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Someday, a smart phone app that asks what you’re feeling 10 times a day may be able to tell you if you’re edging closer to depression—and recommend that you seek preventive therapy or drugs. Scientists have discovered that how quickly someone bounces back from negative feelings, over hours or days, can predict whether that person is at risk of an episode of major depressive disorder.
“The holy grail of depression epidemiology is that we want to intervene early to prevent people from having depressive episodes,” says social scientist Stephen Gilman of Harvard University, who was not involved in the study. “Where this work is headed is making an advance in that direction, toward early detection and therefore early intervention.”
Researchers asked more than 600 people—some healthy and some with a diagnosis of depression—to track their emotions for 5 or 6 days. Ten times a day, at random intervals, a watch would beep and the subjects would record how strongly they identified with each of four emotions: cheerful, content, sad, and anxious. Six to 8 weeks later, participants filled out a more detailed questionnaire that rated their levels of clinical depression.
By the end of the follow-up period, about 13% of the subjects had experienced a shift toward being more depressed, a number consistent with what would be expected in the general population. Trends in the daily mood records, the team discovered, could predict whether a previously healthy person would make that shift toward depression.
Mathematically, it turns out, the shift from a healthy state to a depressed state resembles other so-called tipping points—moments of critical mass where a system, such as changes to Earth’s climate or a social trend—shift rapidly from one state to another. Theories on tipping points suggest that as a system nears a tipping point, it becomes less resilient.
“In any system, if you push the system a little bit out of equilibrium, then the closer it is to the tipping point, the longer it takes to return to equilibrium after that perturbation,” explains Ingrid van de Leemput, an ecologist at Wageningen University and Research Centre in the Netherlands who led the new work. Indeed, the longer a patient took to recover from feelings of sadness and anxiety, the more likely they were to be more depressed by the end of the study, suggesting that they were closer to a tipping point between health and depression, her team reports online today in the Proceedings of the National Academy of Sciences. The results matched with a mathematical model that the researchers had previously created to represent how emotional swings could signal an impending tipping point.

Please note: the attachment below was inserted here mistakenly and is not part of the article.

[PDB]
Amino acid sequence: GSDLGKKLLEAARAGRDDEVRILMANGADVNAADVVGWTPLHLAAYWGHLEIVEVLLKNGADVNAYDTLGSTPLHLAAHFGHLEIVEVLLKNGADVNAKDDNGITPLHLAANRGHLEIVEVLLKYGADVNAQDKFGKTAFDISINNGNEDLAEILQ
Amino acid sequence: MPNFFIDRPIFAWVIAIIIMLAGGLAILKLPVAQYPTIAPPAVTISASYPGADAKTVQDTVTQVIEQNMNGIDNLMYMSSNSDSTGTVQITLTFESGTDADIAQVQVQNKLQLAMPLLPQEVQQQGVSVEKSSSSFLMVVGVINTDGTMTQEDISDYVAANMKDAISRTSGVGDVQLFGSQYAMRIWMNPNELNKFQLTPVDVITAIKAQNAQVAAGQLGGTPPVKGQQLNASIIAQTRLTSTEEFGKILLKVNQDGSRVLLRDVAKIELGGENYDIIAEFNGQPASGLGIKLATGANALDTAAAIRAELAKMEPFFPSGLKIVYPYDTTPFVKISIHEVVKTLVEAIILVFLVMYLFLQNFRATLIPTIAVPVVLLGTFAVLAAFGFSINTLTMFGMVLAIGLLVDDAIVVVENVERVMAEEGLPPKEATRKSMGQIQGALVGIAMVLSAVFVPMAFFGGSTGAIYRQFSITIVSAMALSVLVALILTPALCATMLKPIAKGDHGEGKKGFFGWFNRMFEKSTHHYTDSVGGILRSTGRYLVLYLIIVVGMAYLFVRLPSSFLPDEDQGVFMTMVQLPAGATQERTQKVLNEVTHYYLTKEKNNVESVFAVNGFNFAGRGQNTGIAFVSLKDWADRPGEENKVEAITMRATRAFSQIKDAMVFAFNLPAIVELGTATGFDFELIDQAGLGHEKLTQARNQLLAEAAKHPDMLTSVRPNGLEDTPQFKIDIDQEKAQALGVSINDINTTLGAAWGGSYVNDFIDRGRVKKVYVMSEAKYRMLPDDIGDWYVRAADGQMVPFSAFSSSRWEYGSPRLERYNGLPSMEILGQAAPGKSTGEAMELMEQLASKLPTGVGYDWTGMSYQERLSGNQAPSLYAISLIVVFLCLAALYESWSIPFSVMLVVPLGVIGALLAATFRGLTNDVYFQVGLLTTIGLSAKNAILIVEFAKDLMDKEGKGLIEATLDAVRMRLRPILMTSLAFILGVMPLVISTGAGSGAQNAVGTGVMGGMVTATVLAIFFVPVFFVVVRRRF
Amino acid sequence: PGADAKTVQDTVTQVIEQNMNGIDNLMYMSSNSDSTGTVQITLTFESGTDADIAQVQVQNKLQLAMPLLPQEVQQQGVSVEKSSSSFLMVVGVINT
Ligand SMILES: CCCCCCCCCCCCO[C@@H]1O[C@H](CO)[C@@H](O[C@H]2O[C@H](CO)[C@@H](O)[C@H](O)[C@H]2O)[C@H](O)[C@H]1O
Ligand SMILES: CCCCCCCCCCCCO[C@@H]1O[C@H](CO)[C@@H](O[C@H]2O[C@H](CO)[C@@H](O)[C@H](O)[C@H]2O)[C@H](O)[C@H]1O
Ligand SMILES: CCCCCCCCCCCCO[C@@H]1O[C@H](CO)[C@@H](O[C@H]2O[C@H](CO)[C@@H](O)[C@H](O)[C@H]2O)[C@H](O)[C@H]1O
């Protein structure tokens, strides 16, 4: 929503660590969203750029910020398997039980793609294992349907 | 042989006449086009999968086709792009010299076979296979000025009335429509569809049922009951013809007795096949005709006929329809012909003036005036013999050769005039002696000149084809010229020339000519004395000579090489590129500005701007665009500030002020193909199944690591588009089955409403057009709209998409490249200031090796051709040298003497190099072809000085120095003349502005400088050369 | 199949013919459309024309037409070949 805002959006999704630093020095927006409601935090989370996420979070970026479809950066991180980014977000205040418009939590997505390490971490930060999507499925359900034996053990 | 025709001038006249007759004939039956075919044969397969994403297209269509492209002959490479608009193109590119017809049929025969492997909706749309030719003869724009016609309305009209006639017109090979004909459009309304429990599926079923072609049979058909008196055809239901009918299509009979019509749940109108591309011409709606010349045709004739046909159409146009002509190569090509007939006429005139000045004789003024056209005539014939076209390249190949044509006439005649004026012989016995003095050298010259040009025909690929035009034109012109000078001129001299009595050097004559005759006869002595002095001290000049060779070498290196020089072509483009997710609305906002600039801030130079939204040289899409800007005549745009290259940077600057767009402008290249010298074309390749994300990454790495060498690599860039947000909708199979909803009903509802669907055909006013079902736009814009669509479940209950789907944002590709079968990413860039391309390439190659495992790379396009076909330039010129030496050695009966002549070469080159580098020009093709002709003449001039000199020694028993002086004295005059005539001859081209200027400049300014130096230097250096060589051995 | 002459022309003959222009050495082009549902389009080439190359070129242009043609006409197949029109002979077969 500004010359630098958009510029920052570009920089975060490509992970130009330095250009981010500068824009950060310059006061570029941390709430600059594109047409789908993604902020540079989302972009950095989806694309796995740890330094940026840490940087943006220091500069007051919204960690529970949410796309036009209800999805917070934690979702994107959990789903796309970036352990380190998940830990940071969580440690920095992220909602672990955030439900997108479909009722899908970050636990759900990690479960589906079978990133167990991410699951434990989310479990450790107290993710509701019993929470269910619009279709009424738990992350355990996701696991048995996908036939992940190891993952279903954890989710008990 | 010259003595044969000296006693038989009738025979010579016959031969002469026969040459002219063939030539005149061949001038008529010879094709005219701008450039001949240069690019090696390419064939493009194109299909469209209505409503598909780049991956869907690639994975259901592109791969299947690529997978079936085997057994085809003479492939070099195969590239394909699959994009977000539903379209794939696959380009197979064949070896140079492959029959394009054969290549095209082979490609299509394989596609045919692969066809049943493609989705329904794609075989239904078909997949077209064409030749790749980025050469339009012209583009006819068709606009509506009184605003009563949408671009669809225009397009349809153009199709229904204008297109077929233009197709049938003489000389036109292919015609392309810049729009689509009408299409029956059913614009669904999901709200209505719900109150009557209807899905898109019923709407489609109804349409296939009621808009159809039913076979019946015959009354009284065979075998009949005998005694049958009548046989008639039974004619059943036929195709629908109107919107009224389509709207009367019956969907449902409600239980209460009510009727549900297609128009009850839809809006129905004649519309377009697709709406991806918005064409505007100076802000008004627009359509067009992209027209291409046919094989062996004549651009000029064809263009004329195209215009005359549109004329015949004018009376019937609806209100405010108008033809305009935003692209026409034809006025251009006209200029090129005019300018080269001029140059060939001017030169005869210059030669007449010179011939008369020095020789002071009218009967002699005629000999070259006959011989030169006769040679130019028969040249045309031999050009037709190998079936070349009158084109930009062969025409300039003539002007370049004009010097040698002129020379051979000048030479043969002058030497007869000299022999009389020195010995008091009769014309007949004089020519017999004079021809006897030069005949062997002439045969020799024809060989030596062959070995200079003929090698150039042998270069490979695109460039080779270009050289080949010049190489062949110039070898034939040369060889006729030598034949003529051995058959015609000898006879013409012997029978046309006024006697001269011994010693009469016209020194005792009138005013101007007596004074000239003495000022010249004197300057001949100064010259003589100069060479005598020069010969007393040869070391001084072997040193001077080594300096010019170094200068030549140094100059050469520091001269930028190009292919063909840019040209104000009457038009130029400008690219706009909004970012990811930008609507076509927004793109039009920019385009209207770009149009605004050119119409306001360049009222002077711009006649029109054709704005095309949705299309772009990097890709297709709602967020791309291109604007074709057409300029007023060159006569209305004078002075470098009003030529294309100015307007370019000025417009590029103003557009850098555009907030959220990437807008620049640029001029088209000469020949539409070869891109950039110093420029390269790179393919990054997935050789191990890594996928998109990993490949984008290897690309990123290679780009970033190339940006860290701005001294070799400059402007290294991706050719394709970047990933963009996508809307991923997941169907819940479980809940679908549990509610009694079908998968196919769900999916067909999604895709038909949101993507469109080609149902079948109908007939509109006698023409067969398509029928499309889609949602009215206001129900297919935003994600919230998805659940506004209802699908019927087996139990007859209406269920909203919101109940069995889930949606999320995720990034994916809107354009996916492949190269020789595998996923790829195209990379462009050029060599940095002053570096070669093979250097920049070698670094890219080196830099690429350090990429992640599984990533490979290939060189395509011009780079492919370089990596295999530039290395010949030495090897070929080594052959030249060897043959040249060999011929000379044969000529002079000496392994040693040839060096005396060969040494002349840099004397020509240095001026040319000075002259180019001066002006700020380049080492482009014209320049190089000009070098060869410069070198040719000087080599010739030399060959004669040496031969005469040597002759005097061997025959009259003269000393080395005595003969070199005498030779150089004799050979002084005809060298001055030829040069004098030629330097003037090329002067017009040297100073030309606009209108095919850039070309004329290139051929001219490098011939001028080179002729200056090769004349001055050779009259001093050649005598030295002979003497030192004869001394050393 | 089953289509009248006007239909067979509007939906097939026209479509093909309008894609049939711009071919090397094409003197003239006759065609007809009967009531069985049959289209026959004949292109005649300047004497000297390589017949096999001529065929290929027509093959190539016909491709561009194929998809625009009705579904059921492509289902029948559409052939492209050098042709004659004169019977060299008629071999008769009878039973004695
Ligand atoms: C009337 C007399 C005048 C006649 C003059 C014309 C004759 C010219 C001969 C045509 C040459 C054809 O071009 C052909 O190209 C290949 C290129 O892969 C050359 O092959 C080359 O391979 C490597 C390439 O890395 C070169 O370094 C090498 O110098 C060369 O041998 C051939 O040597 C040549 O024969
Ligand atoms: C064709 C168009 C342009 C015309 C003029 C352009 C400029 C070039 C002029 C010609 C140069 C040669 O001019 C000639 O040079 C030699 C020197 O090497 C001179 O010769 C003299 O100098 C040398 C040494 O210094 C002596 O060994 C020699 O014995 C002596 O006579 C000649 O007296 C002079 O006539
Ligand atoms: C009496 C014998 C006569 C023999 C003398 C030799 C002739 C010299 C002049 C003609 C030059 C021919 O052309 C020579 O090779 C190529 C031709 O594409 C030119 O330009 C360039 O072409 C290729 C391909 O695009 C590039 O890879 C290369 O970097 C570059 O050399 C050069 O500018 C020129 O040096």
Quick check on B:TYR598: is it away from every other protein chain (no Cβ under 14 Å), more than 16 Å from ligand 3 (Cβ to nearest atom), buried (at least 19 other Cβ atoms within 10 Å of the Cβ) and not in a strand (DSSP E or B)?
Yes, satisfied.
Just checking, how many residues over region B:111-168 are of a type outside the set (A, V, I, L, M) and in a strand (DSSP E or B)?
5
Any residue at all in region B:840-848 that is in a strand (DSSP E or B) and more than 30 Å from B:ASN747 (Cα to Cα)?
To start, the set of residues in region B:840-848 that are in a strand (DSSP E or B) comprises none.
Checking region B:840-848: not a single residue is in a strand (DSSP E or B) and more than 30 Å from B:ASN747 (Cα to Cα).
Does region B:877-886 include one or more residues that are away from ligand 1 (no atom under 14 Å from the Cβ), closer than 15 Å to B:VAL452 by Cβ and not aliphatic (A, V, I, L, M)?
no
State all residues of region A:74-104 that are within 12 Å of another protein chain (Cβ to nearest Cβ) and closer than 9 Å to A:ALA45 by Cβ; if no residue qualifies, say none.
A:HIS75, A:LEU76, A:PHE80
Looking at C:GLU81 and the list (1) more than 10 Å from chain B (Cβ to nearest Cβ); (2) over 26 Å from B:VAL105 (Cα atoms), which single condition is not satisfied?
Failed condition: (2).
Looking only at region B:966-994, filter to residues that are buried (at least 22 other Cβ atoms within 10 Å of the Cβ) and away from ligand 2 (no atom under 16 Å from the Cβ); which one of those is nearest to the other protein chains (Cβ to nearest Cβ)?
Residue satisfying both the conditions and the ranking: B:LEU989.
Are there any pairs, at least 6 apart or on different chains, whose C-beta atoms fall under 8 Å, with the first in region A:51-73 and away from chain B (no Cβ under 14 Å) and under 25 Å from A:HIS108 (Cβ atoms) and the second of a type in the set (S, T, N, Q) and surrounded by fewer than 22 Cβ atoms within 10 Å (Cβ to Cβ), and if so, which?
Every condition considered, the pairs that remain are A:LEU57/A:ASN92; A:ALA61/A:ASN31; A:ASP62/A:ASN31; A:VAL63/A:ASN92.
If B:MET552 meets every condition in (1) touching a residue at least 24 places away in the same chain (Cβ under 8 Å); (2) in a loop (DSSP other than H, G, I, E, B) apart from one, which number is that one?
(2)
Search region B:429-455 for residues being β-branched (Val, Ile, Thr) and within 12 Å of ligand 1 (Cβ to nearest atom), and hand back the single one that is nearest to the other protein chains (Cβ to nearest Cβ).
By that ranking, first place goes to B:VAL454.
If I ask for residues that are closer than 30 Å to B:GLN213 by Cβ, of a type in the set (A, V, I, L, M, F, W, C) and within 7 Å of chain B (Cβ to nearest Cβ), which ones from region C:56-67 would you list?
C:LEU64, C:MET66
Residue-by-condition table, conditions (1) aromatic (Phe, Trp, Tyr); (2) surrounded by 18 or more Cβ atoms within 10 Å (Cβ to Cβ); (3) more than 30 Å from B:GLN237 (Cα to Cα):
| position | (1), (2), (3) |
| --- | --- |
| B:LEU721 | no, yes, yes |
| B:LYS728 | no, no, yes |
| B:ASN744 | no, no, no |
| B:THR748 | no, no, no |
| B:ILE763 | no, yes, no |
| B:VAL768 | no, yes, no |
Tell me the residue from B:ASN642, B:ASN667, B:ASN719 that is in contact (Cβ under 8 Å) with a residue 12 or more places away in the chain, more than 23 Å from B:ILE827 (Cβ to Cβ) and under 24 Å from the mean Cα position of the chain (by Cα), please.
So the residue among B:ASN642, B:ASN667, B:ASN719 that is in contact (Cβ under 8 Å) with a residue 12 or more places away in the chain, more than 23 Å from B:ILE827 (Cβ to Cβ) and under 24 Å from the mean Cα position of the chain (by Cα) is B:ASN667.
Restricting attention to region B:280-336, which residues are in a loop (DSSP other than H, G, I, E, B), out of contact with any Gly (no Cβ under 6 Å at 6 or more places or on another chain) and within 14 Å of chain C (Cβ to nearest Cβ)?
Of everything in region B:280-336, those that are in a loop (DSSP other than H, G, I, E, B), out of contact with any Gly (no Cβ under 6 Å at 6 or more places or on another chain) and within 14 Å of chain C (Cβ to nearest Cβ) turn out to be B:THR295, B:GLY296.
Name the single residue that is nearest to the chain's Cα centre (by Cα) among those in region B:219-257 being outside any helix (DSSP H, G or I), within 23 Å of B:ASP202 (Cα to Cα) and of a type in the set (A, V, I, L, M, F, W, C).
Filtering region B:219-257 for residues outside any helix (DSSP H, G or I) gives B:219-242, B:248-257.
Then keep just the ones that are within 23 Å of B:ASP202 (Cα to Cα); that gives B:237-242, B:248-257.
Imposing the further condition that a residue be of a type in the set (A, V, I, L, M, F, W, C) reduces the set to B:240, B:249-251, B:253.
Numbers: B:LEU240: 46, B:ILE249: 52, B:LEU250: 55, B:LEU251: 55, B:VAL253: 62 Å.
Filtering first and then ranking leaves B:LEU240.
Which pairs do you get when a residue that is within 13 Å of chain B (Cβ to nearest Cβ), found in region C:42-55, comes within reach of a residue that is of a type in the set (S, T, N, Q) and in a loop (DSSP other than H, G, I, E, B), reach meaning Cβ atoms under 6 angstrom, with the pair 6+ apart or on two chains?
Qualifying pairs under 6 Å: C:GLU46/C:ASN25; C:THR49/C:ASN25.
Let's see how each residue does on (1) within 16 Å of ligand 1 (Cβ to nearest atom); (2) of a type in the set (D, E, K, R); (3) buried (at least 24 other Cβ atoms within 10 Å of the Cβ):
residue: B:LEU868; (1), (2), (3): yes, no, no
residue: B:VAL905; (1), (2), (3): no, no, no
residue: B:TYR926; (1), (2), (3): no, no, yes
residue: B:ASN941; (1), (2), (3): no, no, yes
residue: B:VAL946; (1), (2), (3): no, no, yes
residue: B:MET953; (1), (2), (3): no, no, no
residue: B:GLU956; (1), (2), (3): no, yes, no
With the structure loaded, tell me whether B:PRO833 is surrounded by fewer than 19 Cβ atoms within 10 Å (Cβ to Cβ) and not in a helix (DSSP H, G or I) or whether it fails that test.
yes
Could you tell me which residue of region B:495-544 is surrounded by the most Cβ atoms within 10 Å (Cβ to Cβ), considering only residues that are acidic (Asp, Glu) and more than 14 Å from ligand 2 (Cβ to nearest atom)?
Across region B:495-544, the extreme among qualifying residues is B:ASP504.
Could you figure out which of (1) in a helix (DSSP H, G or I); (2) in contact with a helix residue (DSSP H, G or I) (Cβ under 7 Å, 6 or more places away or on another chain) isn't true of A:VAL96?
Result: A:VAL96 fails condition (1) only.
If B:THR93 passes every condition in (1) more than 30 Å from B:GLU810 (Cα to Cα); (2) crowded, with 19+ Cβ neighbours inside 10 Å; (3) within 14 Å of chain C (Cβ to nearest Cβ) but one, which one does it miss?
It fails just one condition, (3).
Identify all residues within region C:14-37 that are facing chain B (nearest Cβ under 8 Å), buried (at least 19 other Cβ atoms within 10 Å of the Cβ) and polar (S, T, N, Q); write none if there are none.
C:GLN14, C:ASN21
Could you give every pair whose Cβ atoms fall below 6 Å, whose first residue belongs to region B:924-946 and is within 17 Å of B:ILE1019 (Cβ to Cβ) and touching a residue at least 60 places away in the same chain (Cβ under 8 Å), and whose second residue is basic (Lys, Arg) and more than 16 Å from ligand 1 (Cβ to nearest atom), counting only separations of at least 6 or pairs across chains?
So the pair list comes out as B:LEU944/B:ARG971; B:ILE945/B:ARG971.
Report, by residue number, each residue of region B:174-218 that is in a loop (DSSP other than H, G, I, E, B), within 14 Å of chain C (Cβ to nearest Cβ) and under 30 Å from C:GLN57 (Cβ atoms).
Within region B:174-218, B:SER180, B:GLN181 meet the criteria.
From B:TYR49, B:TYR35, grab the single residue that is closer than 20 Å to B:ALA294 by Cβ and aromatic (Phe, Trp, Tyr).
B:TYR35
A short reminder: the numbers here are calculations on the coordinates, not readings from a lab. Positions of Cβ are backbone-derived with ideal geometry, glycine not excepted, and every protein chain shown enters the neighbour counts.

“If a healthy person has an unpleasant call with their employer, they will be unhappy about it and dwell on it for 10 or 20 minutes but be done with it fairly quickly,” says psychiatry researcher Angelique Cramer of the University of Amsterdam, who collaborated with Van de Leemput. “What you see in people who are about to become depressed is that the next day, they are still sad about a phone call the day before.” Over time, she says, various symptoms of depression—negative mood, fatigue, and concentration problems, for example—can create a negative feedback loop that causes full-blown psychiatric disease. Cramer says the new research could lead to new ways for psychiatrists to track their patients’ well-being.
“I think this could open up new avenues of research in many ways,” Gilman says. He’d like to see the work expanded to include more variables that are already known to increase depression risk—such as family history, previous episodes of major depression, and social factors. “Really what we want to know is where on the distribution of sadness and mood is the dividing line between a serious depressive episode and nondepression. And are there factors that can push people further from or towards that dividing line?”
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